substance - scent receptor. For understanding
these signal-receptor processes it is necessary
to gain as detailed a knowledge as possible
of both signal molecules and receptor molecules
(active site). The signal molecules are
relatively small and their structure can
be determined. The structure of the receptor
molecule can also be perceived by analogy
with low-molecular compounds. Where giant
molecules are involved, structure determination
of the type for which Perutz and Kendrew
received a Nobel Prize is required. For
determining the low-molecular signal molecules
the Hauptman-Karle direct method must be
In the other important
area, the mechanism and chemical dynamics
of reactions are studied. Questions being
asked also by chemists working with organic
synthesis are, for instance: How, at molecular
level, does a chemical reaction take place?
How does a molecule move, and how is the
structure changed in chemical reactions?
The most important answers are coming from
researchers within theoretical chemistry,
but these must in turn have accurate knowledge
of the structures of reacting molecules.
To summarize: the last
fifteen years have seen a large increase
in structure determinations accomplished
within both inorganic and organic chemistry,
including natural product chemistry. These
determinations have been carried out predominantly
using "direct methods". Looking into the
future we can predict a further increased
need for structure determinations of this
While it is easy to explain
the importance for chemistry of the two
prizewinners' development of the methods,
it is considerably more difficult without
recourse to mathematical formulae to describe
the achievement itself in a way that is
easy to understand.
When X-rays strike a
crystal, they will be deflected only in
certain definite directions, where the
intensity of irradiation may be measured.
To determine the arrangement of atoms in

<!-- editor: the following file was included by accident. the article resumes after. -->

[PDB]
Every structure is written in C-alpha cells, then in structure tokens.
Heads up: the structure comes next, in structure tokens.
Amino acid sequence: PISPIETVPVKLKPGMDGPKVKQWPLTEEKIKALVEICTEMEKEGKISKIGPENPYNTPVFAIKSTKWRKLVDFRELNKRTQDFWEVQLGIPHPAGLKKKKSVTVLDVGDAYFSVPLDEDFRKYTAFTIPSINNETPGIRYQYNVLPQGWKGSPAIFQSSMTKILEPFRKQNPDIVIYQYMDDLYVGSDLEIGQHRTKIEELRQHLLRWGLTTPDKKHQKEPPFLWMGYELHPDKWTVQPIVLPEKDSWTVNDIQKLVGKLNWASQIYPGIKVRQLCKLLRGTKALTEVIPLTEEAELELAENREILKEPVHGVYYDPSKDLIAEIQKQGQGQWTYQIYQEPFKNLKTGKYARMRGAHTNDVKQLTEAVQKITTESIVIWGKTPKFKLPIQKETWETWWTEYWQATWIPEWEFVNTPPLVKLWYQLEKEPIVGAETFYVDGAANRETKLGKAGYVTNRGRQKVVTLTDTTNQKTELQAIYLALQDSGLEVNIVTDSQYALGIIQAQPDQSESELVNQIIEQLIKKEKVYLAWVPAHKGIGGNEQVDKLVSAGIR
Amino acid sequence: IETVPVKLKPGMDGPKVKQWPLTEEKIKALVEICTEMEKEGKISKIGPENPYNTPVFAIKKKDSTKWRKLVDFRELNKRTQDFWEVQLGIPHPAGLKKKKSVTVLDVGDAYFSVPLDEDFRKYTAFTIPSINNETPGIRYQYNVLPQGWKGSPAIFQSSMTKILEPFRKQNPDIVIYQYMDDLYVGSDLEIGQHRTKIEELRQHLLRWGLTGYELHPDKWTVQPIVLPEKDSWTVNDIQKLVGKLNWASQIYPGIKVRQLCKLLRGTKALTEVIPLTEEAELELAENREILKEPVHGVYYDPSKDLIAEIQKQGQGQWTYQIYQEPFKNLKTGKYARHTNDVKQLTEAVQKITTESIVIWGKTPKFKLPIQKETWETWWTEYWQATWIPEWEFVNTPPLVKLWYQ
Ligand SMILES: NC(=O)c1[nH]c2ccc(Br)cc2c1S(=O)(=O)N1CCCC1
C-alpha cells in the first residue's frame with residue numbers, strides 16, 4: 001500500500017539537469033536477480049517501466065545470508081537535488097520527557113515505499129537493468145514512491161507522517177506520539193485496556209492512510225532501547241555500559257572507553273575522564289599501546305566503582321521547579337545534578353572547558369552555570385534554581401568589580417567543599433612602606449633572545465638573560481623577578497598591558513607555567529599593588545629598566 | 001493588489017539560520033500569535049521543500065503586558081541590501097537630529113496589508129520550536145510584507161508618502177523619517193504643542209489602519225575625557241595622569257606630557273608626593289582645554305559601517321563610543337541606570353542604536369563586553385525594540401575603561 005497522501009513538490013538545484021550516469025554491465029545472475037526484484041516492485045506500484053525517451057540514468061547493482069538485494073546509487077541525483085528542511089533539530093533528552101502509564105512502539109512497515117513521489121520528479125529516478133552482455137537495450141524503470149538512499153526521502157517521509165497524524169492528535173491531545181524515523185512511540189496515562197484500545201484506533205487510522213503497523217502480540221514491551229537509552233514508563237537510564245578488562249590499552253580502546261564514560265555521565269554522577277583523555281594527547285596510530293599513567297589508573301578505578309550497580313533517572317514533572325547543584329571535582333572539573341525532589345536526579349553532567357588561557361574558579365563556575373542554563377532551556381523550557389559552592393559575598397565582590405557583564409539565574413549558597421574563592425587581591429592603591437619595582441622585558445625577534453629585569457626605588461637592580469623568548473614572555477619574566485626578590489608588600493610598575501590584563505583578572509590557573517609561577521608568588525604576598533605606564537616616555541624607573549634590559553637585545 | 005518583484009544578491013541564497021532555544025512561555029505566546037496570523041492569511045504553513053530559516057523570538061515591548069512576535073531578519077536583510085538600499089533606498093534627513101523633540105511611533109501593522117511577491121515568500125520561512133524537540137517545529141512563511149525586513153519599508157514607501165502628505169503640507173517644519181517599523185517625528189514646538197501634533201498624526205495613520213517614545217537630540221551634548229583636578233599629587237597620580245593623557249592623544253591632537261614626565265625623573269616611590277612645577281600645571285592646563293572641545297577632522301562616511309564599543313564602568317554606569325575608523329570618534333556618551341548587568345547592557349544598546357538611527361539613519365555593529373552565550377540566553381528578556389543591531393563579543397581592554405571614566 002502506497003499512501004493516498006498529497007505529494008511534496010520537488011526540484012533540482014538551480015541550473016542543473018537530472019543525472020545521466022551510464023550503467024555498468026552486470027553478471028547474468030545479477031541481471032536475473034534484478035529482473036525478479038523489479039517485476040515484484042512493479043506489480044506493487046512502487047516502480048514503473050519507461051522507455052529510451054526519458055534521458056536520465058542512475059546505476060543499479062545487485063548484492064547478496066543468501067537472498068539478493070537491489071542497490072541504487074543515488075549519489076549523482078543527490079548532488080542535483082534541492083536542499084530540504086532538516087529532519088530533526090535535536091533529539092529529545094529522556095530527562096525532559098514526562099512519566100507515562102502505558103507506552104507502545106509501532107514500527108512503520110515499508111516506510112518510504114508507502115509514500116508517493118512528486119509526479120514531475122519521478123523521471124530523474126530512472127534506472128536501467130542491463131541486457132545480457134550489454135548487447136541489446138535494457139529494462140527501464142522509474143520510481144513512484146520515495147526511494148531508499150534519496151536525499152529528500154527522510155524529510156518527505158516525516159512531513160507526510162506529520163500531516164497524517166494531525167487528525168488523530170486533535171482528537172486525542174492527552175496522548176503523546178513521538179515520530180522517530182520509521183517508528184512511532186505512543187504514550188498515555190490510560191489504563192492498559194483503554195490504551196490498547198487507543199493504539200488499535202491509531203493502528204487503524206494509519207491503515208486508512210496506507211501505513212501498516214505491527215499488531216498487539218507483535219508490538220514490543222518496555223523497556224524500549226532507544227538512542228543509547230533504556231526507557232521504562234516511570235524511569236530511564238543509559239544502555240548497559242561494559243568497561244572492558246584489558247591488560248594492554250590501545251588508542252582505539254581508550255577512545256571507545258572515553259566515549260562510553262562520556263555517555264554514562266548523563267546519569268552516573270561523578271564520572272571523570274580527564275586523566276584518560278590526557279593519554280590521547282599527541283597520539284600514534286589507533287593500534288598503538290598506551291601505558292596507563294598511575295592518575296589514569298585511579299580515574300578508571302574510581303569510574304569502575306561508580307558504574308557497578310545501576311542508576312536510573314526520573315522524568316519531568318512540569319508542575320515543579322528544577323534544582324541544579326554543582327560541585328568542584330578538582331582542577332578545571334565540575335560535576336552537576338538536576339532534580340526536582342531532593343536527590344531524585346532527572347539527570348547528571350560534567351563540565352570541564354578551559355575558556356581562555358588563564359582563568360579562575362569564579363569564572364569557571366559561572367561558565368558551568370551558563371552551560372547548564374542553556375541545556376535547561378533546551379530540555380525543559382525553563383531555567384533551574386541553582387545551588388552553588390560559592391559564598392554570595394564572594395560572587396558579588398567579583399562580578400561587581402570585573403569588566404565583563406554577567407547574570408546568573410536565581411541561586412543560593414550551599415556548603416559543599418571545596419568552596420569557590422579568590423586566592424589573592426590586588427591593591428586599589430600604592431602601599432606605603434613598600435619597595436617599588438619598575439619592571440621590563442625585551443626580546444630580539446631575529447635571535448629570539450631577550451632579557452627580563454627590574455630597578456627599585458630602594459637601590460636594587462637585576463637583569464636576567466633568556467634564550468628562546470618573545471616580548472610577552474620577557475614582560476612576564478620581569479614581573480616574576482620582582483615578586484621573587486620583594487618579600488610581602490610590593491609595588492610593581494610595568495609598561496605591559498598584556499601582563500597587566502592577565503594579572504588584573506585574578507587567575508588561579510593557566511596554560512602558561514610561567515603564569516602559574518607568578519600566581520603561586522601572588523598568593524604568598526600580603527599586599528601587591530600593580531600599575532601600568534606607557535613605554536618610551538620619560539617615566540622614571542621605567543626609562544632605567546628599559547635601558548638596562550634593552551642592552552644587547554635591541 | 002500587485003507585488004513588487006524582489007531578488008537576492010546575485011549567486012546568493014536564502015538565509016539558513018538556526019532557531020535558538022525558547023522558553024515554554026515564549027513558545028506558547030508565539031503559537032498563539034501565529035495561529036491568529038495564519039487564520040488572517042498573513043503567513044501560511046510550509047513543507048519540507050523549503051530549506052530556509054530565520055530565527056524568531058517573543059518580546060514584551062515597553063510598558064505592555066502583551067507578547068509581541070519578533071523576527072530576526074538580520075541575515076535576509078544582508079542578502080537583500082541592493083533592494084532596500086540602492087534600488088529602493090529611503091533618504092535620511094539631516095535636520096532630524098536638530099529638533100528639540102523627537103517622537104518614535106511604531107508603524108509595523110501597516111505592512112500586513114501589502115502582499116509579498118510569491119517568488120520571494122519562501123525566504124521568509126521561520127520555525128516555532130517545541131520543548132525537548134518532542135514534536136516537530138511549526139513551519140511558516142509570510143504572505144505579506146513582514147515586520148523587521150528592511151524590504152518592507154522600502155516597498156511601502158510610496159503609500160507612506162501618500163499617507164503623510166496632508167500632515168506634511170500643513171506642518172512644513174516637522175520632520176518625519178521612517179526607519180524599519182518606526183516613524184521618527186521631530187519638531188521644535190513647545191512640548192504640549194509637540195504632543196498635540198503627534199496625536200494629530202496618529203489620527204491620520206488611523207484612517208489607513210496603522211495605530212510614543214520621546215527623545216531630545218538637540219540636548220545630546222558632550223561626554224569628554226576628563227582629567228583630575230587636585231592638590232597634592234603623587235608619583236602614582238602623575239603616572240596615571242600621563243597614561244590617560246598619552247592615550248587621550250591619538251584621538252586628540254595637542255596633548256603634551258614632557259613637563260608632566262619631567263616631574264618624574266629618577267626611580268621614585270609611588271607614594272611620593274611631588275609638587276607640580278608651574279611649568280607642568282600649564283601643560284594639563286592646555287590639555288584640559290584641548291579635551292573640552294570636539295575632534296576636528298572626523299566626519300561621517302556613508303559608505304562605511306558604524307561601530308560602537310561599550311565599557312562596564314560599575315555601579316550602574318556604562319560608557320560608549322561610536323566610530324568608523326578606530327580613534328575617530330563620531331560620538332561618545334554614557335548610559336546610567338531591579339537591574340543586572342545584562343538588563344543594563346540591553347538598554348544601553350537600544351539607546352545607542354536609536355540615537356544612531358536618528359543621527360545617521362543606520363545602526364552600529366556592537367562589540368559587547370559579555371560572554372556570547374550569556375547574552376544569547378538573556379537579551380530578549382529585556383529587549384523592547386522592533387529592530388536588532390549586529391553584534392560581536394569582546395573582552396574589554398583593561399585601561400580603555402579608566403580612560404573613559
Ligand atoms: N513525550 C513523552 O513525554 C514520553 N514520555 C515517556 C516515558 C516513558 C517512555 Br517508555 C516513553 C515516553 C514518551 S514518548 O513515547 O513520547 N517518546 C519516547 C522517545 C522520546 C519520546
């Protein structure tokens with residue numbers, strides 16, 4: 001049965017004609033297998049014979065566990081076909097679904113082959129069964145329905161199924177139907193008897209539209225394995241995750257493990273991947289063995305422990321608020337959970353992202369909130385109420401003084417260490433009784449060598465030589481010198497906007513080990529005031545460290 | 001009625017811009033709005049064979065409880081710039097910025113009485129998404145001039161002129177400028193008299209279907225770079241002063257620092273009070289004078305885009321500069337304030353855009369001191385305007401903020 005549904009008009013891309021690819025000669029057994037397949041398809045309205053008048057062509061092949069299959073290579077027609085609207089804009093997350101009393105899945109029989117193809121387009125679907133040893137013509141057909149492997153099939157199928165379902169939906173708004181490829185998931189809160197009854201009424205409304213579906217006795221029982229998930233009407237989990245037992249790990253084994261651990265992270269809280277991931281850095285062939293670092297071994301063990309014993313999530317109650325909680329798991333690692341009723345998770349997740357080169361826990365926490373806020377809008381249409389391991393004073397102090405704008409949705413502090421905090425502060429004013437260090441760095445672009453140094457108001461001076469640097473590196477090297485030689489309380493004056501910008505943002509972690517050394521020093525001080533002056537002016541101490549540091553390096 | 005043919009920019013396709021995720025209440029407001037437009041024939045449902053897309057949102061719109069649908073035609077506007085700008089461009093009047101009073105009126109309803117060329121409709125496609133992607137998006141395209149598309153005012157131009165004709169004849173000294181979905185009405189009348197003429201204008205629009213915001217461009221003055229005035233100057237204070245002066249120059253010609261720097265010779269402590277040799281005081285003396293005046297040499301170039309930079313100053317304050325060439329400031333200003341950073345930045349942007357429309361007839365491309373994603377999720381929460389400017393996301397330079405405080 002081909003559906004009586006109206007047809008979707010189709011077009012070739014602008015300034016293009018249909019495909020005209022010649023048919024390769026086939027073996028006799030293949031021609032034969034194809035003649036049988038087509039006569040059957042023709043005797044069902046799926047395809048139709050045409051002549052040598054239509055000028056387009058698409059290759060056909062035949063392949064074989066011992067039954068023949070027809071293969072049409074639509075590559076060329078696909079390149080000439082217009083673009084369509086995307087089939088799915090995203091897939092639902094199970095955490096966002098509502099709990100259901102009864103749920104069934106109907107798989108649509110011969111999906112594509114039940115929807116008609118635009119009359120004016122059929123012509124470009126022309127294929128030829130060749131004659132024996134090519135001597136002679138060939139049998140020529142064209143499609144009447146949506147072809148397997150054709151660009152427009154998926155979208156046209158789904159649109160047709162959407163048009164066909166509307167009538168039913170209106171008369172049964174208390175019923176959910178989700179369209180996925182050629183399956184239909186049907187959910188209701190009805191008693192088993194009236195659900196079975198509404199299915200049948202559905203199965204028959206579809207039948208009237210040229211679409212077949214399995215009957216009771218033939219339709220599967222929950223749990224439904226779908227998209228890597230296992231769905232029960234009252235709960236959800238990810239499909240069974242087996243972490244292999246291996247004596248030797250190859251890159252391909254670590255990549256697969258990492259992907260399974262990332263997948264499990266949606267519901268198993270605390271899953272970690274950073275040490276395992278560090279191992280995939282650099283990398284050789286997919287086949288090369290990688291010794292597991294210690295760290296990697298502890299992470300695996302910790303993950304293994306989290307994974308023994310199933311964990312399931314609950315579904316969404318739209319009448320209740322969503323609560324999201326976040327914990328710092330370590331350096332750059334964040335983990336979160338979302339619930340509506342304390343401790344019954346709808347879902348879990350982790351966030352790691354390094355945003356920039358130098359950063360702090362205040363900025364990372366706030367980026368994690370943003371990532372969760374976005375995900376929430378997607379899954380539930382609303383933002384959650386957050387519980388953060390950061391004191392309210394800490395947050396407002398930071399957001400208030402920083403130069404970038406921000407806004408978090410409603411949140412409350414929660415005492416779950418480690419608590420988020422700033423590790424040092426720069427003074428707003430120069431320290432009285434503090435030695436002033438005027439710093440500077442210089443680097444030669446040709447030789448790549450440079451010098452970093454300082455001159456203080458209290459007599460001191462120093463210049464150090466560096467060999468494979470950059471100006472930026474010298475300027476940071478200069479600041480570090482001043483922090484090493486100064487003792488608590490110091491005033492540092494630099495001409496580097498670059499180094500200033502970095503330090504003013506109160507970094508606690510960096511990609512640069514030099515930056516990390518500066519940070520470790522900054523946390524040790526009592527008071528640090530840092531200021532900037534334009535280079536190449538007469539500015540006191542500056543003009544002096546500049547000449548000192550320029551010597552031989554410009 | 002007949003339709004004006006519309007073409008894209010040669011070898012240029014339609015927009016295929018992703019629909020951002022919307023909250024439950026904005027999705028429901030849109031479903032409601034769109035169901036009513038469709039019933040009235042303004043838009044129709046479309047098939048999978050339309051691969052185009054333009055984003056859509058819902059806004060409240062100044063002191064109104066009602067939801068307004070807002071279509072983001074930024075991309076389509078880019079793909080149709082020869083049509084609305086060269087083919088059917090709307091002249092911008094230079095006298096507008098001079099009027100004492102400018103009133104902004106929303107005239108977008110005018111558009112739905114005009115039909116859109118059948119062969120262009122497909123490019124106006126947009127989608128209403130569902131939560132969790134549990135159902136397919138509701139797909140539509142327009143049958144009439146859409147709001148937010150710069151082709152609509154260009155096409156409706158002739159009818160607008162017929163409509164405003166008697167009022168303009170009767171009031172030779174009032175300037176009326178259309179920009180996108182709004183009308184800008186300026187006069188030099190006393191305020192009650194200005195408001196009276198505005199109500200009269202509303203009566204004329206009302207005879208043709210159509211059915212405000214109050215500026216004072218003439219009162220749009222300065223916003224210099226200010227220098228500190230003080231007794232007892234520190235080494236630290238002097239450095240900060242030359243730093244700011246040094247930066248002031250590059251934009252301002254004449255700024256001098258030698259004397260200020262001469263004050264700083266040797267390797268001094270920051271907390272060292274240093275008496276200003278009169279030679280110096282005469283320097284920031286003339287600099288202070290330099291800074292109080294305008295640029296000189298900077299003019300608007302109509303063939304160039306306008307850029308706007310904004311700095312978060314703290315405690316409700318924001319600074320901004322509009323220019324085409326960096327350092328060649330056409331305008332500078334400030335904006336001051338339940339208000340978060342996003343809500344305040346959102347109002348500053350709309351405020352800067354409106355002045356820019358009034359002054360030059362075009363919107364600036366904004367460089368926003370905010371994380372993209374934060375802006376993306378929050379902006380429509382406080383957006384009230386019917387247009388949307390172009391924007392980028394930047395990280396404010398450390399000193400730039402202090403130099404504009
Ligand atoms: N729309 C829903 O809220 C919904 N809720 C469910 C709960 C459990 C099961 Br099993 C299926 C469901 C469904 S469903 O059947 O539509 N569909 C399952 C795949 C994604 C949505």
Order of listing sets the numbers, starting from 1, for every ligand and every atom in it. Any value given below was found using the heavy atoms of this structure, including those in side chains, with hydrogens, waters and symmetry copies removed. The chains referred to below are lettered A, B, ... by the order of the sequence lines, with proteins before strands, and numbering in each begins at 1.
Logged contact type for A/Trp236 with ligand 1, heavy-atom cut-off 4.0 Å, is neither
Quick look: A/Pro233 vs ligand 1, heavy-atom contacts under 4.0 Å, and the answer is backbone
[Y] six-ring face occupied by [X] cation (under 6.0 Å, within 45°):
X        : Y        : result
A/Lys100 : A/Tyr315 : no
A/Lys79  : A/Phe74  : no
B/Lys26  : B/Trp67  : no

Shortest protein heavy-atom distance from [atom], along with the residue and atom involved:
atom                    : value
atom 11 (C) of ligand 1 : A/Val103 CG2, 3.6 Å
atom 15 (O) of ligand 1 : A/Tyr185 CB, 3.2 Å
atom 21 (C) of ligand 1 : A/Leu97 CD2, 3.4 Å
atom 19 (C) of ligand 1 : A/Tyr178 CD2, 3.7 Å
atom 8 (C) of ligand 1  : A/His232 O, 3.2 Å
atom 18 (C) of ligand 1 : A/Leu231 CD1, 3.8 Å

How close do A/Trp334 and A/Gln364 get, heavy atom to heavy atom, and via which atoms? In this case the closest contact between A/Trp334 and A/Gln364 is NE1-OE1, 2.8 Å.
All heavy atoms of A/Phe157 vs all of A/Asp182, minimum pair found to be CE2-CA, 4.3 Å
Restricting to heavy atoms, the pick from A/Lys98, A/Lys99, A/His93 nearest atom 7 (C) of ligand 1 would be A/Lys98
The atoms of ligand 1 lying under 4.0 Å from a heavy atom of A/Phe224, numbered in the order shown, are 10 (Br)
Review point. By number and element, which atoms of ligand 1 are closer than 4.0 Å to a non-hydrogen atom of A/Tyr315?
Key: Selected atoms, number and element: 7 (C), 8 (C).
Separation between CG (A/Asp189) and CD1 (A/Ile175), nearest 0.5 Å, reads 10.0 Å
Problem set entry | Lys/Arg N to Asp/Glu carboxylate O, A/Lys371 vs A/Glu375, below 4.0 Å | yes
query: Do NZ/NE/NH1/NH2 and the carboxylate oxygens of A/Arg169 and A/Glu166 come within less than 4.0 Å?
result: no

a crystal, however, it is not enough to
know the direction and intensity. The "phase" of
each ray so deflected must also be known.
In special cases, it has been possible
to solve this "phase problem" by making
use of the fact that "heavy" atoms containing
many electrons spread the X-rays more strongly
than "light" atoms do. This property of
heavy atoms is used both in "Patterson
methodology", which has been very important
in structural inorganic chemistry, and
in "isomorph substition". The latter is
used when determining the structure of
giant molecules such as proteins. In this
case the heavy atoms can be bound to the
protein without its structure being appreciably
altered. This however is not possible for
the large number of compounds.
Two facts have created
the conditions for the development of the "direct" methods.
The first is that electron density, which
diffuses the X-rays, can never be negative.
The other is that the number of measurements
is much greater than the number of equations
to be solved, which permits the use of
statistical methods. In work done between
1950 and 1956, Hauptman and Karle laid
the foundations for a rational exploitation
of these possibilities, specially the use
The immense importance
of this work for subsequent development
may easily be followed in the literature.
This is not to say that Hauptman and Karle
alone are responsible for the development,
and other names must be mentioned in particular.
Before Hauptman and Karle published their
work, D. Harker and J.S. Kasper proposed
the use of one inequality, which represents
a special case in the Hauptman-Karle system,
and determined a complicated structure
using it. Important conceptual contributions
were also made by D. Sayre, who anticipated
the practical approach which has later
come to be used. Isabel Karle´s and
M. Woolfson's contributions to the practical
utilization of direct methods have been
crucial, and in this connection the development
of fast computers has been a prerequisite
for the full realization of the value of
Karle Autobiography"; Britannica;
Photo courtesy of International